First opened in 2006 as part of celebrations to mark Legia’s 90th birthday, this museum is a welcome distraction should you find yourself in the vicinity on a non-match day.
Set underneath the Zyleta stand (where the team’s hardcore support traditionally gather), points of interest include the expected bank of glinting silverware, not to mention a collection of pennants and gifts exchanged with that other teams Legia have faced during their European forays.
Crikey, who remembers their match against the then reigning English champs Blackburn Rovers?
As splendid as these ceremonial flags are, the gifts are altogether more quirky: a chunk of volcanic rock from an Icelandic team, a pair of hunting bugles from Georgia and a quite ghastly plate from FC Nantes.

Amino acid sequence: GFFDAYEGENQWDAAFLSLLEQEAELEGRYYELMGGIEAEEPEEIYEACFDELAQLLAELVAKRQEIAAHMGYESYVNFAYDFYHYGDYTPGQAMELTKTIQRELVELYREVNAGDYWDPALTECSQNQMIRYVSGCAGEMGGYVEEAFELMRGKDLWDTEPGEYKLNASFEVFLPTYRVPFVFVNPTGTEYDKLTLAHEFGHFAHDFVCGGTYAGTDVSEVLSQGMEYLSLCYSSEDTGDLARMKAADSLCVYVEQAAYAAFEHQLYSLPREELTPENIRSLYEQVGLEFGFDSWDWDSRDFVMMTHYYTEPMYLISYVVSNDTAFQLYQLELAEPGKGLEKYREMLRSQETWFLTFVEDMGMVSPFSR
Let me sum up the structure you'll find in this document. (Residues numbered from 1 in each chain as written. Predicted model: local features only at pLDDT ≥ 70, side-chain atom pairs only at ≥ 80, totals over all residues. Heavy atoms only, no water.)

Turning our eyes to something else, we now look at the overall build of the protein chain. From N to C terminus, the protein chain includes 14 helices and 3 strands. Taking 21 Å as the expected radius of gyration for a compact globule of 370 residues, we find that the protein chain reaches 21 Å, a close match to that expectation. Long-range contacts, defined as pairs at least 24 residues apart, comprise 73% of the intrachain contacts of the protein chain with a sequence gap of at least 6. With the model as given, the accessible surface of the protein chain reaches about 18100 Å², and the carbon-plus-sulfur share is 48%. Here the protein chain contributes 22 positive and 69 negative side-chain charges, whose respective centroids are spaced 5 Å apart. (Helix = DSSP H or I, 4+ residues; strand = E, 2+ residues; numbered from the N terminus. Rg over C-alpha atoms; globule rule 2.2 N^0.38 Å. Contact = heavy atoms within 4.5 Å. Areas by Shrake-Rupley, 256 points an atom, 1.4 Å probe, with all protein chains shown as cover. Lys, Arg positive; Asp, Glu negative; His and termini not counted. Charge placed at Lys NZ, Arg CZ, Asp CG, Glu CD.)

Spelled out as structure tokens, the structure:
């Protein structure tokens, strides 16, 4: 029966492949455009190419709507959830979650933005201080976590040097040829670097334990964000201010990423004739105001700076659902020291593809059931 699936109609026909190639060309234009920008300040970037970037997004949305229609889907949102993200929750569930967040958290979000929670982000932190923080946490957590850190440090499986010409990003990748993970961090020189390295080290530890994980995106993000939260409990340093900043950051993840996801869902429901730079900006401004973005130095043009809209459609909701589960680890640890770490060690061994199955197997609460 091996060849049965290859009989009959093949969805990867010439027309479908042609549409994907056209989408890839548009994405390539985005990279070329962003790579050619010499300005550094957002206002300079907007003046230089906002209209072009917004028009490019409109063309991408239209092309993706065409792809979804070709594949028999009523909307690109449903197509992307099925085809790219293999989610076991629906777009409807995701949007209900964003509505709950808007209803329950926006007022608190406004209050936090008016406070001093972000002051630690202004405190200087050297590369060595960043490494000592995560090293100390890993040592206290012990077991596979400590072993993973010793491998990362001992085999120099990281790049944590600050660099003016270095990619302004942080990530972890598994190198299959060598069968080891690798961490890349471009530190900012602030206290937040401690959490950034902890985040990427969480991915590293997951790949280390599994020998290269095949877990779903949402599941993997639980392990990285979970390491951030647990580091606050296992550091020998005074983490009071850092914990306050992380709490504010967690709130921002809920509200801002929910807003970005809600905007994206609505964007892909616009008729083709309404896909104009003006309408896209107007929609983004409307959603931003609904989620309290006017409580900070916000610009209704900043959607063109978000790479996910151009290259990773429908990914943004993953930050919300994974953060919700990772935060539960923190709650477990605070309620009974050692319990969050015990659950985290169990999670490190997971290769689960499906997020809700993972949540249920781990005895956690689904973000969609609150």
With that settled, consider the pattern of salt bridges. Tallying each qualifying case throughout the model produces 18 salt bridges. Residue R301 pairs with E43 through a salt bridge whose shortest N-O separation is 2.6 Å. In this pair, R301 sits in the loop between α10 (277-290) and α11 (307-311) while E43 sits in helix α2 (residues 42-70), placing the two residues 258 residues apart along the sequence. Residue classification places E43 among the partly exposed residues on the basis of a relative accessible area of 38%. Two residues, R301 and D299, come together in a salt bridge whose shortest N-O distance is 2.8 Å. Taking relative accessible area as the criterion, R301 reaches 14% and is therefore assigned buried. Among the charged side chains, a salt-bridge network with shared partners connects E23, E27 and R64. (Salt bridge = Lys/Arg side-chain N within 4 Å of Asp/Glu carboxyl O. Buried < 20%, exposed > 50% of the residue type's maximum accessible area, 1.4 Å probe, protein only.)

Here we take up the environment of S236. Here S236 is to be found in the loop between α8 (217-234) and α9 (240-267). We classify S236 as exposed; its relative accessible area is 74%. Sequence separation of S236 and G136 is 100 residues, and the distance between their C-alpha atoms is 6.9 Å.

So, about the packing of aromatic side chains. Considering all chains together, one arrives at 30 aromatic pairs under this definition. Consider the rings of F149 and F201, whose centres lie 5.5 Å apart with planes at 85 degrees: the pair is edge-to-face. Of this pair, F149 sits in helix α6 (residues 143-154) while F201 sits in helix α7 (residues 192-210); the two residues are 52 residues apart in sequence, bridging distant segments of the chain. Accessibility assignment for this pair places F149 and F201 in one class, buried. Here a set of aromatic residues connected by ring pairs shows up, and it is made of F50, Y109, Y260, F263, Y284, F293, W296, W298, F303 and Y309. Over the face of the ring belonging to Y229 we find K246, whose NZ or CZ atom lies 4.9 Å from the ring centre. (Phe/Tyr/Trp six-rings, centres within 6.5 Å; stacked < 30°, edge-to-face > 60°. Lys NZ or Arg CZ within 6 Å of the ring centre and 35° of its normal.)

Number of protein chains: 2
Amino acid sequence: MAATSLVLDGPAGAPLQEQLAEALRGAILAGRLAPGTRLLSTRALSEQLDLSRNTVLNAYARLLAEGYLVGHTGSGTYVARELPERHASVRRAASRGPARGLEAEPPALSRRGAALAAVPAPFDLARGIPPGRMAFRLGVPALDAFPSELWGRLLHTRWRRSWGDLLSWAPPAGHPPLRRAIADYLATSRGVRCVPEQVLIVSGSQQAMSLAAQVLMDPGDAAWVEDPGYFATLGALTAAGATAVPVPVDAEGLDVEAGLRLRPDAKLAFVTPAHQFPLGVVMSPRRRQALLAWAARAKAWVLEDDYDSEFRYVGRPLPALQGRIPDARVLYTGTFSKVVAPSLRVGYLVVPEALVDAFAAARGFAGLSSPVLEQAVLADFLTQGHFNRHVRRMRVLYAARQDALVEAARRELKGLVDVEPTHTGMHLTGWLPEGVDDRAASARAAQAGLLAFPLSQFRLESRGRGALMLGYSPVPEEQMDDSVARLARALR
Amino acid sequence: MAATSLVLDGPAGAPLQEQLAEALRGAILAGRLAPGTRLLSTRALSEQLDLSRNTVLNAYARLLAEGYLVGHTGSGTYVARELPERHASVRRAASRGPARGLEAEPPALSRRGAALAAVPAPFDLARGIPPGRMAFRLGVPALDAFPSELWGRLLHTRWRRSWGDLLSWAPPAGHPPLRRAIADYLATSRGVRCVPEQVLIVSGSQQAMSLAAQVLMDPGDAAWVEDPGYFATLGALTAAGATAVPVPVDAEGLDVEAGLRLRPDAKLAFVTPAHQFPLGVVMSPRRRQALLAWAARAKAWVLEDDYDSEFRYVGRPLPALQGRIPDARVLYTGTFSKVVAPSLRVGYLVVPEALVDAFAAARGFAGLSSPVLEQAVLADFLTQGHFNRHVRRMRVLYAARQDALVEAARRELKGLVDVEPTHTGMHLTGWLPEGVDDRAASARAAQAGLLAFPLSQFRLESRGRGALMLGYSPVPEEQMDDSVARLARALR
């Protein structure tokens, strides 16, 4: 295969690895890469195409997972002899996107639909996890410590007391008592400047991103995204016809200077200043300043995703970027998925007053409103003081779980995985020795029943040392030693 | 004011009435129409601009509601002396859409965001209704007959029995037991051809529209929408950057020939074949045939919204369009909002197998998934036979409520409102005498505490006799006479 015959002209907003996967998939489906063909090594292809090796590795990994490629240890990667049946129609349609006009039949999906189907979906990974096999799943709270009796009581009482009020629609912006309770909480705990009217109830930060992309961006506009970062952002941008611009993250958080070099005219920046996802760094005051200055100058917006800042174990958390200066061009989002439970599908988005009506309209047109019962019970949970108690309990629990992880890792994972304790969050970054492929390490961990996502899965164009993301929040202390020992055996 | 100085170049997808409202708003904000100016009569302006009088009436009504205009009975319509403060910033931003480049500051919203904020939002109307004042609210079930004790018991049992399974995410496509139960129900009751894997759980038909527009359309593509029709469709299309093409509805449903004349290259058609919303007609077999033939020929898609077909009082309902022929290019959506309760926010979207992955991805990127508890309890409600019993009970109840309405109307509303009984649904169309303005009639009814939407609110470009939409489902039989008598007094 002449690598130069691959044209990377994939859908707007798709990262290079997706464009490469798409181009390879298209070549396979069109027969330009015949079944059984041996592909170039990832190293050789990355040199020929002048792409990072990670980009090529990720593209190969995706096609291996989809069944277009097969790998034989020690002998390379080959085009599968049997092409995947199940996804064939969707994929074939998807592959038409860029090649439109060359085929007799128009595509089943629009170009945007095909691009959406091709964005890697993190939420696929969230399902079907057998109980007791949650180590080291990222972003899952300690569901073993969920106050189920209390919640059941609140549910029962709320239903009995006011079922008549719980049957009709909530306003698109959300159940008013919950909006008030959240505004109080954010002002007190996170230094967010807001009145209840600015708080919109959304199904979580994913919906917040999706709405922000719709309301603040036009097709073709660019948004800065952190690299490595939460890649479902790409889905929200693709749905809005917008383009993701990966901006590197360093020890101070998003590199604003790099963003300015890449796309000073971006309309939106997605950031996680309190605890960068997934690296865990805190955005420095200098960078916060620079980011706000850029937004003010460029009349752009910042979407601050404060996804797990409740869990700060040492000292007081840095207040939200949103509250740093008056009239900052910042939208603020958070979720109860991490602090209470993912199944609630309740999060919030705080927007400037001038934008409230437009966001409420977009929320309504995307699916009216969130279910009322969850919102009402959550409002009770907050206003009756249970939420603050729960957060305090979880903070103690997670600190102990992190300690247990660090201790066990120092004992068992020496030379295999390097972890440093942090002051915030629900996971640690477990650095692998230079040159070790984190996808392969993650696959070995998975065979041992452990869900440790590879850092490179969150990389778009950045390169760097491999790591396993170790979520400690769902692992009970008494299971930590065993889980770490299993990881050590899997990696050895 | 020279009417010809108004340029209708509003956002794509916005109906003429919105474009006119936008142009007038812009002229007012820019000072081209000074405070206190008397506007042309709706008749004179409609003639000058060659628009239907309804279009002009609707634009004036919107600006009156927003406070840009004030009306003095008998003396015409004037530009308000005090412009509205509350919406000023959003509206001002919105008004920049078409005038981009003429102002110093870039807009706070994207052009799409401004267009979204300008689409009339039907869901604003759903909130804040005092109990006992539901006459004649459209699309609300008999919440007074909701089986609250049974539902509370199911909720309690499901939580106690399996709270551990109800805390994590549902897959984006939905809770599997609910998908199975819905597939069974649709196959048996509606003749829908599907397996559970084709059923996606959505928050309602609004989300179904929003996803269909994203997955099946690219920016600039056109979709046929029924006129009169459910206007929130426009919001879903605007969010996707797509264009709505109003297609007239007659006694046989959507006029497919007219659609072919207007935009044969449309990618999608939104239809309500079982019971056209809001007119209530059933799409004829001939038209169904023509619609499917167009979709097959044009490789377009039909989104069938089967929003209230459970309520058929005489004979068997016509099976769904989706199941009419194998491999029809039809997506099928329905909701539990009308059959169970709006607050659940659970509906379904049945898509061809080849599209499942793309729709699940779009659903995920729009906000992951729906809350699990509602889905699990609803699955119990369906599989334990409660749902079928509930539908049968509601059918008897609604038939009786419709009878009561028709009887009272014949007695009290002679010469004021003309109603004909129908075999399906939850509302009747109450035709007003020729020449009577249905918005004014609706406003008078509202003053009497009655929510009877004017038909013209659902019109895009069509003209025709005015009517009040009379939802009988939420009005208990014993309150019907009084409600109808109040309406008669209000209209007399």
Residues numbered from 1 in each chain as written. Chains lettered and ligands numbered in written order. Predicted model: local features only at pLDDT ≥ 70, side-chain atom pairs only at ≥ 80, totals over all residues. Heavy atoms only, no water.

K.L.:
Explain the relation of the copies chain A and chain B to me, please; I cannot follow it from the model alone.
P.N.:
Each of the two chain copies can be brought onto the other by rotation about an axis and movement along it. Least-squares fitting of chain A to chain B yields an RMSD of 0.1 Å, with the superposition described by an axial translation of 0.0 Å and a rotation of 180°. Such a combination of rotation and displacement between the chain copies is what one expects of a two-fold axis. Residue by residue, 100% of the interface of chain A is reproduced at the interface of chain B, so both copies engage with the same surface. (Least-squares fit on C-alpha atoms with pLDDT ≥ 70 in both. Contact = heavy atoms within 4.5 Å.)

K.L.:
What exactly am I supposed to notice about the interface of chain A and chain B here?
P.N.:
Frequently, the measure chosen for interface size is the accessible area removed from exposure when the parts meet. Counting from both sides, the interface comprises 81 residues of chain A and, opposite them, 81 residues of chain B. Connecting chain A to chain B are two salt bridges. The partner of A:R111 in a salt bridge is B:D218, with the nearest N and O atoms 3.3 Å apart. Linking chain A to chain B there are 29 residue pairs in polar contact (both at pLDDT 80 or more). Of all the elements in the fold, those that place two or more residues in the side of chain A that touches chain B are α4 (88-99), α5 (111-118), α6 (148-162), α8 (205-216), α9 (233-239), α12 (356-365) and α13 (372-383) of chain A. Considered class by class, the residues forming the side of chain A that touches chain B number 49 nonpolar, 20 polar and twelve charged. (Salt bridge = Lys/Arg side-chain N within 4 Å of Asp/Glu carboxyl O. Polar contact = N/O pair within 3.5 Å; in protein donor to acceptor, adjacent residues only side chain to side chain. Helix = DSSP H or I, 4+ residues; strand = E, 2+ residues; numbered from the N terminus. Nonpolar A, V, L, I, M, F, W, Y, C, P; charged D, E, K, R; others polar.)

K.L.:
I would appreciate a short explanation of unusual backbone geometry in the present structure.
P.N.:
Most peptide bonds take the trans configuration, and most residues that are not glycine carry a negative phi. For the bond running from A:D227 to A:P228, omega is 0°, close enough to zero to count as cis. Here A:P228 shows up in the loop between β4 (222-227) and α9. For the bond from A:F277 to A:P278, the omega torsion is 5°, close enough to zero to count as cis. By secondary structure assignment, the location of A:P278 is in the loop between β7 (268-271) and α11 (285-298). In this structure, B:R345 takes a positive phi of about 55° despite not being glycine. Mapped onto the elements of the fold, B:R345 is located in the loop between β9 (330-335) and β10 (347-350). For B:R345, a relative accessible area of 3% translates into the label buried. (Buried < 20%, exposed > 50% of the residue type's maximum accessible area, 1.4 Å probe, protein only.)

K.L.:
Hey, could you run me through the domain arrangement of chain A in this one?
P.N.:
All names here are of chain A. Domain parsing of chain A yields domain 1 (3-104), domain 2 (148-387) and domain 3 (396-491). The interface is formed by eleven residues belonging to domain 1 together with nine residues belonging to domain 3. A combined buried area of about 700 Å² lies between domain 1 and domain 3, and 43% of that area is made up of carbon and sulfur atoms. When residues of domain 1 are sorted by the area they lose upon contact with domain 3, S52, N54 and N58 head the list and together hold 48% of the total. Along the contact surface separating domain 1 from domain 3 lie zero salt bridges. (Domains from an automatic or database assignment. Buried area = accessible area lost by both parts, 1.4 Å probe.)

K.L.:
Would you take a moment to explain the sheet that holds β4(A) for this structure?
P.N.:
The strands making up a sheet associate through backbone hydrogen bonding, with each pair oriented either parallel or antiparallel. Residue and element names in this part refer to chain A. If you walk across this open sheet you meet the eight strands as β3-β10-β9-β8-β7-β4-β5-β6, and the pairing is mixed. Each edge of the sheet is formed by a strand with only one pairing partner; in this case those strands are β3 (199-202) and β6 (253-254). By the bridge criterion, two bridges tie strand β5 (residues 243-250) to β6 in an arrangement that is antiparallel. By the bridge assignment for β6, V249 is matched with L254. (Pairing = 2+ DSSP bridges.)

Further on, and the accrued nick-knacks include a small side room dedicated to the evolution of the stadium, while other sections present everyday treasures such as the team’s tea set from the 1970s.
Of course, neither are Legia’s greatest players forgotten, with special place going to Legia’s favorite son, 70s super star Kazimierz Deyna.
Small but perfectly formed, there’s enough here to keep fans occupied while summer storms lash the city outside. Admission is free (note: closed on match days).
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